%I
%S 2,10,14,27,53,245,293,539,9221
%N a(n) produces only composites by concatenating numbers decremented in sequence in all bases from 2 up to a record.
%C A217682(n) gives the value of the first arithmetic base in which any prime may be found leading with A217681(n) and proceeding by the concatenation of numbers decreasing in sequence. The simplest example of the kind of prime that needs to be found is 43, but of course we see from this sequence that in binary there is a prime in the set {10011, 1001110, 10011101} (The sequence does not consider the improper 'concatenation' of just the stem value alone), so our decimal 43 never is considered.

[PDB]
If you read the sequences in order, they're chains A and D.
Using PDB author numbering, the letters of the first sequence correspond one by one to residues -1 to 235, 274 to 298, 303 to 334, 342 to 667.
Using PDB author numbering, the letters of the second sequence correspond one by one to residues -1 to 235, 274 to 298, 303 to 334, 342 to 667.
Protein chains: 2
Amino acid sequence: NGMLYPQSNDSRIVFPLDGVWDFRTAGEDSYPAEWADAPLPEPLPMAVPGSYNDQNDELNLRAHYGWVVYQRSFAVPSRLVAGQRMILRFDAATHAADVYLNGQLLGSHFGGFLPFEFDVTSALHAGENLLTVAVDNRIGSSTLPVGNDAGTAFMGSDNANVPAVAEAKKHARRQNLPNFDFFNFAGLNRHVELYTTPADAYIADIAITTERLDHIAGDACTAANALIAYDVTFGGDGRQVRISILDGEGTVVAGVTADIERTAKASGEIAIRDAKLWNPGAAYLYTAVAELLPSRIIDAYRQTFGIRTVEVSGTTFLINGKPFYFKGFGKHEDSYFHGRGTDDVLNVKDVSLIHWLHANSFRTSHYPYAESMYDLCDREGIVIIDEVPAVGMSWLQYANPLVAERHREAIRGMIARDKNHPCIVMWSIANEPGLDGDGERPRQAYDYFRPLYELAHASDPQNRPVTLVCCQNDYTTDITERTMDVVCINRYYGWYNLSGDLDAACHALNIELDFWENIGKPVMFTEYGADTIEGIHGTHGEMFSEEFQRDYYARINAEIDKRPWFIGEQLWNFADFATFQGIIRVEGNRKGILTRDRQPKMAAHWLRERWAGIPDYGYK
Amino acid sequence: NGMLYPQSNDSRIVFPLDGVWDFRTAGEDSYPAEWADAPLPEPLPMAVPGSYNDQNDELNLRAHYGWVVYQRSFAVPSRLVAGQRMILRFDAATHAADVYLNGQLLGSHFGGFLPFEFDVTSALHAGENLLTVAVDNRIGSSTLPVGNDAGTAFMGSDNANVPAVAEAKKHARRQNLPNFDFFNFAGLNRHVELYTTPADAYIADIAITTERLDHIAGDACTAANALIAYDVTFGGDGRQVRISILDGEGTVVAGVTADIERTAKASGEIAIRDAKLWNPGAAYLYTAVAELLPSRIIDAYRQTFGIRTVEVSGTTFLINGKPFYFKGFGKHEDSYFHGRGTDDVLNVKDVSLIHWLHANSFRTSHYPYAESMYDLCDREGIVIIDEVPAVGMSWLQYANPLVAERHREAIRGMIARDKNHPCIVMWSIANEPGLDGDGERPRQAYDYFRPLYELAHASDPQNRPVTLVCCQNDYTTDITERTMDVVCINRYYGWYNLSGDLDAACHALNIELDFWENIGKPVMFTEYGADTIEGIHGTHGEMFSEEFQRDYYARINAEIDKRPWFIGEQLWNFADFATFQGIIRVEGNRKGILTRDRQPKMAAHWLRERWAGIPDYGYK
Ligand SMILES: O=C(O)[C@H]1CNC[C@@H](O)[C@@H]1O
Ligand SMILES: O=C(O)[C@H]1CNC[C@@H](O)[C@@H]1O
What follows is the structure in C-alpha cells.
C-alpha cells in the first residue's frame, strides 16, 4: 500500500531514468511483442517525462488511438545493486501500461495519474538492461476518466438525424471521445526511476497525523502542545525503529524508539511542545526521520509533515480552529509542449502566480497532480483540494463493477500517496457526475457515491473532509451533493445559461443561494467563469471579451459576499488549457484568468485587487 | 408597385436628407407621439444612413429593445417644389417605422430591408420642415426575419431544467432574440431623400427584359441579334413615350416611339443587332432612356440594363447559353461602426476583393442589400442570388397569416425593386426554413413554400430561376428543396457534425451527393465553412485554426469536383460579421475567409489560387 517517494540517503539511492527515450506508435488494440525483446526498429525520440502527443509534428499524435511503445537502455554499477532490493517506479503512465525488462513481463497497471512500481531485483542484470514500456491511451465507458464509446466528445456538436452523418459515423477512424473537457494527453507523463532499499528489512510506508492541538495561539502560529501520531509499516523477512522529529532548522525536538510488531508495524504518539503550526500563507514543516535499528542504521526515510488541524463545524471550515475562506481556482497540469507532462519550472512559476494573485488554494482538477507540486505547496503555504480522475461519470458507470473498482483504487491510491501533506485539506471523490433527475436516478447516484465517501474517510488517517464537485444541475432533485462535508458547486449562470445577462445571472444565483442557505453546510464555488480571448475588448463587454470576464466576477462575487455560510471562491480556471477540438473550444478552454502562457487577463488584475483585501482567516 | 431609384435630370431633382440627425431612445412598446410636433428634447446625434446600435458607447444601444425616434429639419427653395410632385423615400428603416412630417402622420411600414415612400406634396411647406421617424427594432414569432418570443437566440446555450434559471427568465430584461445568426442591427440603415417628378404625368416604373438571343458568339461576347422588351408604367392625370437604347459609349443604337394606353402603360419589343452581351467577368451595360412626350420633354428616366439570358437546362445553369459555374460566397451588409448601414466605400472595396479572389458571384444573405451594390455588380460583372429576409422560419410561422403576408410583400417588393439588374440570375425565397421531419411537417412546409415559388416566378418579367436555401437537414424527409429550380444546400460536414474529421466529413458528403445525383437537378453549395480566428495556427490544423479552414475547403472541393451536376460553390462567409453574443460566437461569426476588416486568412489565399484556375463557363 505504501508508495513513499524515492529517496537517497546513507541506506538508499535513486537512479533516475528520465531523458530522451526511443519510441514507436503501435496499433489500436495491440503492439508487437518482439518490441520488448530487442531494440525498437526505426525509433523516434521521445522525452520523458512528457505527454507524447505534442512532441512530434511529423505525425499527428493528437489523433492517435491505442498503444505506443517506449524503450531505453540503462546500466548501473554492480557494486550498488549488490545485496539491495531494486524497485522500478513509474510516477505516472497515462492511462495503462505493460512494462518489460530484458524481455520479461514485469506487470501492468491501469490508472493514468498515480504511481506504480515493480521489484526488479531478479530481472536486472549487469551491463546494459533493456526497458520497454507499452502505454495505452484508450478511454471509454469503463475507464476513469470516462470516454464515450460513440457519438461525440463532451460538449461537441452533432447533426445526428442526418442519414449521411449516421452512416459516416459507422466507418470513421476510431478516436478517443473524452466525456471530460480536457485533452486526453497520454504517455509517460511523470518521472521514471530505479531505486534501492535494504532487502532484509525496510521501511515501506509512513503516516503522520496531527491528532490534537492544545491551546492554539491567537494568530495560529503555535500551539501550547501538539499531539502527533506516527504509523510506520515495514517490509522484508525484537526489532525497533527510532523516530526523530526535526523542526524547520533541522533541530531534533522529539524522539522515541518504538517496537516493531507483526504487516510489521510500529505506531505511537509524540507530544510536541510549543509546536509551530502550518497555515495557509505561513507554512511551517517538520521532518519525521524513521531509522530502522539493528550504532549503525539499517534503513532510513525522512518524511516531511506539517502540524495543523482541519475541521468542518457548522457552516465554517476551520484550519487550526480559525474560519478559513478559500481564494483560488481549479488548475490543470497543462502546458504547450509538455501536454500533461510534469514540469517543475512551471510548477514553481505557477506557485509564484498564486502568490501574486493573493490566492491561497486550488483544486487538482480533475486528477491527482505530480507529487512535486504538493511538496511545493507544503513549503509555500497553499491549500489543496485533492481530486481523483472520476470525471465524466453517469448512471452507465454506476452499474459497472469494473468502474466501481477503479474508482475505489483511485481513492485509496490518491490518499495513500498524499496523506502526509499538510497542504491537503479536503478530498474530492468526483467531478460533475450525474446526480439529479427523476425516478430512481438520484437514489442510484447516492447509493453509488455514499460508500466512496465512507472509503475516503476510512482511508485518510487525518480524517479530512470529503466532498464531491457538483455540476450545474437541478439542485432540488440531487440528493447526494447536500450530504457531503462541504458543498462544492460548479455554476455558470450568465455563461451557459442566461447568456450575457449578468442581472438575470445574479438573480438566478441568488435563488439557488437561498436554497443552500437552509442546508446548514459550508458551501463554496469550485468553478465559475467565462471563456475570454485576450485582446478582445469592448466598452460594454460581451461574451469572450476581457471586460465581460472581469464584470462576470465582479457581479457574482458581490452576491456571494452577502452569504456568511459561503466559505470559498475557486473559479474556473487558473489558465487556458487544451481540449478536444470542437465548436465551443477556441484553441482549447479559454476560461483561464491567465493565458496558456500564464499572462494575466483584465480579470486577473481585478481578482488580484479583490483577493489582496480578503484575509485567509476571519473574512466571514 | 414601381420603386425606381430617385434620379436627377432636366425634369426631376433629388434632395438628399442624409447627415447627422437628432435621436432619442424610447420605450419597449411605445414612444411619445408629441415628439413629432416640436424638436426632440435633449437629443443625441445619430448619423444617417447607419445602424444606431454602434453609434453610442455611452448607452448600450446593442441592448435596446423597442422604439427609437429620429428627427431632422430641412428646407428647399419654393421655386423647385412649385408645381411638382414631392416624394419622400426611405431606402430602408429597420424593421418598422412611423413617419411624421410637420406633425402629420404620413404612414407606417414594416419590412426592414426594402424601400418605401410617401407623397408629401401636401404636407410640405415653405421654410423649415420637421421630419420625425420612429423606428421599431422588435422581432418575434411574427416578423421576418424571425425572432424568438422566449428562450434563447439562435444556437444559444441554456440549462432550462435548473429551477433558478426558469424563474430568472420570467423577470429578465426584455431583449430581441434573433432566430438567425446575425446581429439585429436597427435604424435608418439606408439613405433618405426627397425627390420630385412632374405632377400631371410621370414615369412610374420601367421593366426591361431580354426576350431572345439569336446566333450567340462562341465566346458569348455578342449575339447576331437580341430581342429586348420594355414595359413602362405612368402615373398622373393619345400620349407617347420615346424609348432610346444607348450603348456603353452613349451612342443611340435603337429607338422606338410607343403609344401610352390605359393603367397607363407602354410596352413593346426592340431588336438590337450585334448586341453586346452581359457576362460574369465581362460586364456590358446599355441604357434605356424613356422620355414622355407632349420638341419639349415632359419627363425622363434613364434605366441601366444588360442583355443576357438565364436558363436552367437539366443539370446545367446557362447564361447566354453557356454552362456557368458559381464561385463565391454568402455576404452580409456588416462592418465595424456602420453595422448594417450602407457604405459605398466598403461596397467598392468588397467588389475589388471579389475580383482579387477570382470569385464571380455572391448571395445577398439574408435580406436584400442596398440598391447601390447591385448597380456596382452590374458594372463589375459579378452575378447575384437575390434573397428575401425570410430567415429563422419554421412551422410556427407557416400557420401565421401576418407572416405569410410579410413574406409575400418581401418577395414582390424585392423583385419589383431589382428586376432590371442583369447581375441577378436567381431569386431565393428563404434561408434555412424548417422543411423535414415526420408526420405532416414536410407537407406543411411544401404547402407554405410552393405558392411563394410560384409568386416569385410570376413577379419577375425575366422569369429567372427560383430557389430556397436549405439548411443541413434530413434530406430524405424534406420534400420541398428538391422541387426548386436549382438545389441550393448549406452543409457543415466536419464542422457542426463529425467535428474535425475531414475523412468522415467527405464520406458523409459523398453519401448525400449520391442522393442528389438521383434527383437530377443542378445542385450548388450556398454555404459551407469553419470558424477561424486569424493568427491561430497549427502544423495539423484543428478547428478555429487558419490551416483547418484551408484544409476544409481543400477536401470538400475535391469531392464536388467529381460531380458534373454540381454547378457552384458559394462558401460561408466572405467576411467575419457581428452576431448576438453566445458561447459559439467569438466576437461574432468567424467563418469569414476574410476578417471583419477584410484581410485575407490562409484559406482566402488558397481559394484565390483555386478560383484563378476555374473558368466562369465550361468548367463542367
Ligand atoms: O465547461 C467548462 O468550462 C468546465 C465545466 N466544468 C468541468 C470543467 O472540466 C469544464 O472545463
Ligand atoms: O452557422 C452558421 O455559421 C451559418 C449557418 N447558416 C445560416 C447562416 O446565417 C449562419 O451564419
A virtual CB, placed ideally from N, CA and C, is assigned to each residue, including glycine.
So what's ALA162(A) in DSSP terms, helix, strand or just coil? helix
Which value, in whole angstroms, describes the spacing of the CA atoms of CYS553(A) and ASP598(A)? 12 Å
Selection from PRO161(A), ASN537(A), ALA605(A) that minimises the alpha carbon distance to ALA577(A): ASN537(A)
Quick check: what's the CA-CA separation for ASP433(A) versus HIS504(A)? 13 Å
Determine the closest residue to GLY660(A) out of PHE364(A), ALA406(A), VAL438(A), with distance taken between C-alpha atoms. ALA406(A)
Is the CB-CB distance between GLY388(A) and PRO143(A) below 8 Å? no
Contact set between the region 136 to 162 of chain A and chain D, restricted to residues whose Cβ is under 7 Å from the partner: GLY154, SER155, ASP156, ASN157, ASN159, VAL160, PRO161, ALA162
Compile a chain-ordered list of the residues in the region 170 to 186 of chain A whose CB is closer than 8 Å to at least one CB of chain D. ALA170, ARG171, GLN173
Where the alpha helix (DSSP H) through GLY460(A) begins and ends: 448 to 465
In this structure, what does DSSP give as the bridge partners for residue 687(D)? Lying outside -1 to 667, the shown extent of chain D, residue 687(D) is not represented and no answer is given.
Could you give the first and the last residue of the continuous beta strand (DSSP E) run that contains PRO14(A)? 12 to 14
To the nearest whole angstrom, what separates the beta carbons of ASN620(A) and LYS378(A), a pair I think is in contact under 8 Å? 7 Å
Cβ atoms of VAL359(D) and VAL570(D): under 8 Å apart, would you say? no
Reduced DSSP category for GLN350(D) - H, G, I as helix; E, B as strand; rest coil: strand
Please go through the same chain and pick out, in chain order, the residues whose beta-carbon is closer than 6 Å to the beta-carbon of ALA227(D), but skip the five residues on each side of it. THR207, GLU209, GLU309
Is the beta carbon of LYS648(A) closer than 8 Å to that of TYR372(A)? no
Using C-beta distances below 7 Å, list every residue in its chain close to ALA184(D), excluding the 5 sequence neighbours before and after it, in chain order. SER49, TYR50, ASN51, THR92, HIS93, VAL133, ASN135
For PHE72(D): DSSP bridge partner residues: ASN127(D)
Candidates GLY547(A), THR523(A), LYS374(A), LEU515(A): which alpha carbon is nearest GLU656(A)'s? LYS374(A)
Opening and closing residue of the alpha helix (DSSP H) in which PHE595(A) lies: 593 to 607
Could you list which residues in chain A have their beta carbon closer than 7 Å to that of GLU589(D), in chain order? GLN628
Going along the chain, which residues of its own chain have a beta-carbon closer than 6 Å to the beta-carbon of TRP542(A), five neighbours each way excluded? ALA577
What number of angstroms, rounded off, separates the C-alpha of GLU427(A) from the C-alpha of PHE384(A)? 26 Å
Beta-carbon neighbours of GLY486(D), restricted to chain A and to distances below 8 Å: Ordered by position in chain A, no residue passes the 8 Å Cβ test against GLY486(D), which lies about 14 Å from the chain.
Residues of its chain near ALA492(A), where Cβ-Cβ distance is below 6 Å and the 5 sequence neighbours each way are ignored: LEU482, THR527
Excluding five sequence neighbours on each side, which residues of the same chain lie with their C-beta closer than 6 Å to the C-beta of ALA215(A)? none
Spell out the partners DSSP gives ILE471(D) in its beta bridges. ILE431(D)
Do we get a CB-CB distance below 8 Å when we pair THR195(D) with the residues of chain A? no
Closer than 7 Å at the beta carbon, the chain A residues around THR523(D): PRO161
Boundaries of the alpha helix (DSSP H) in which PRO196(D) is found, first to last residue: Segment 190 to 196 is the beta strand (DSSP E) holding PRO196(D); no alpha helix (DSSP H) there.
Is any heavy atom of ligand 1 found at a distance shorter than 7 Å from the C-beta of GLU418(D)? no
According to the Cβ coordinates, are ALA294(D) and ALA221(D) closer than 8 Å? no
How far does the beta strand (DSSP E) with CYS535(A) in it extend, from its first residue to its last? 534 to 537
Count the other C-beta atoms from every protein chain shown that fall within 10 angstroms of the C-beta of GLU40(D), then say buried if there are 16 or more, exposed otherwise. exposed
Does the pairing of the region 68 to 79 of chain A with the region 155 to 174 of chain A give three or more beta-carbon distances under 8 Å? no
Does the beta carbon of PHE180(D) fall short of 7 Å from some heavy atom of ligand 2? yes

%C a(9)=9221 required 2to3 monthwindows using a 32bit version of PARI/GP (incl. the ispseudoprime() function  not isprime()  a powerful PROBABLE prime test) to verify.
%e Binary has a prime of the kind sought for every stem value 29, but every value in {10101001, 101010011000, 101010011000111, 101010011000111110, 101010011000111110101, 101010011000111110101100, 1010100110011111010110011, 1010100110001111101011001110, 10101001100011111010110011101} in binary is composite, so that 10 is this sequence's second term (and the companion sequence tells in what base a prime is first found).
%Y Cf. A217682.
%K nonn,base,less
%O 1,1
%A _James G. Merickel_, Oct 10 2012
%E a(9) added by _James G. Merickel_, May 02 2013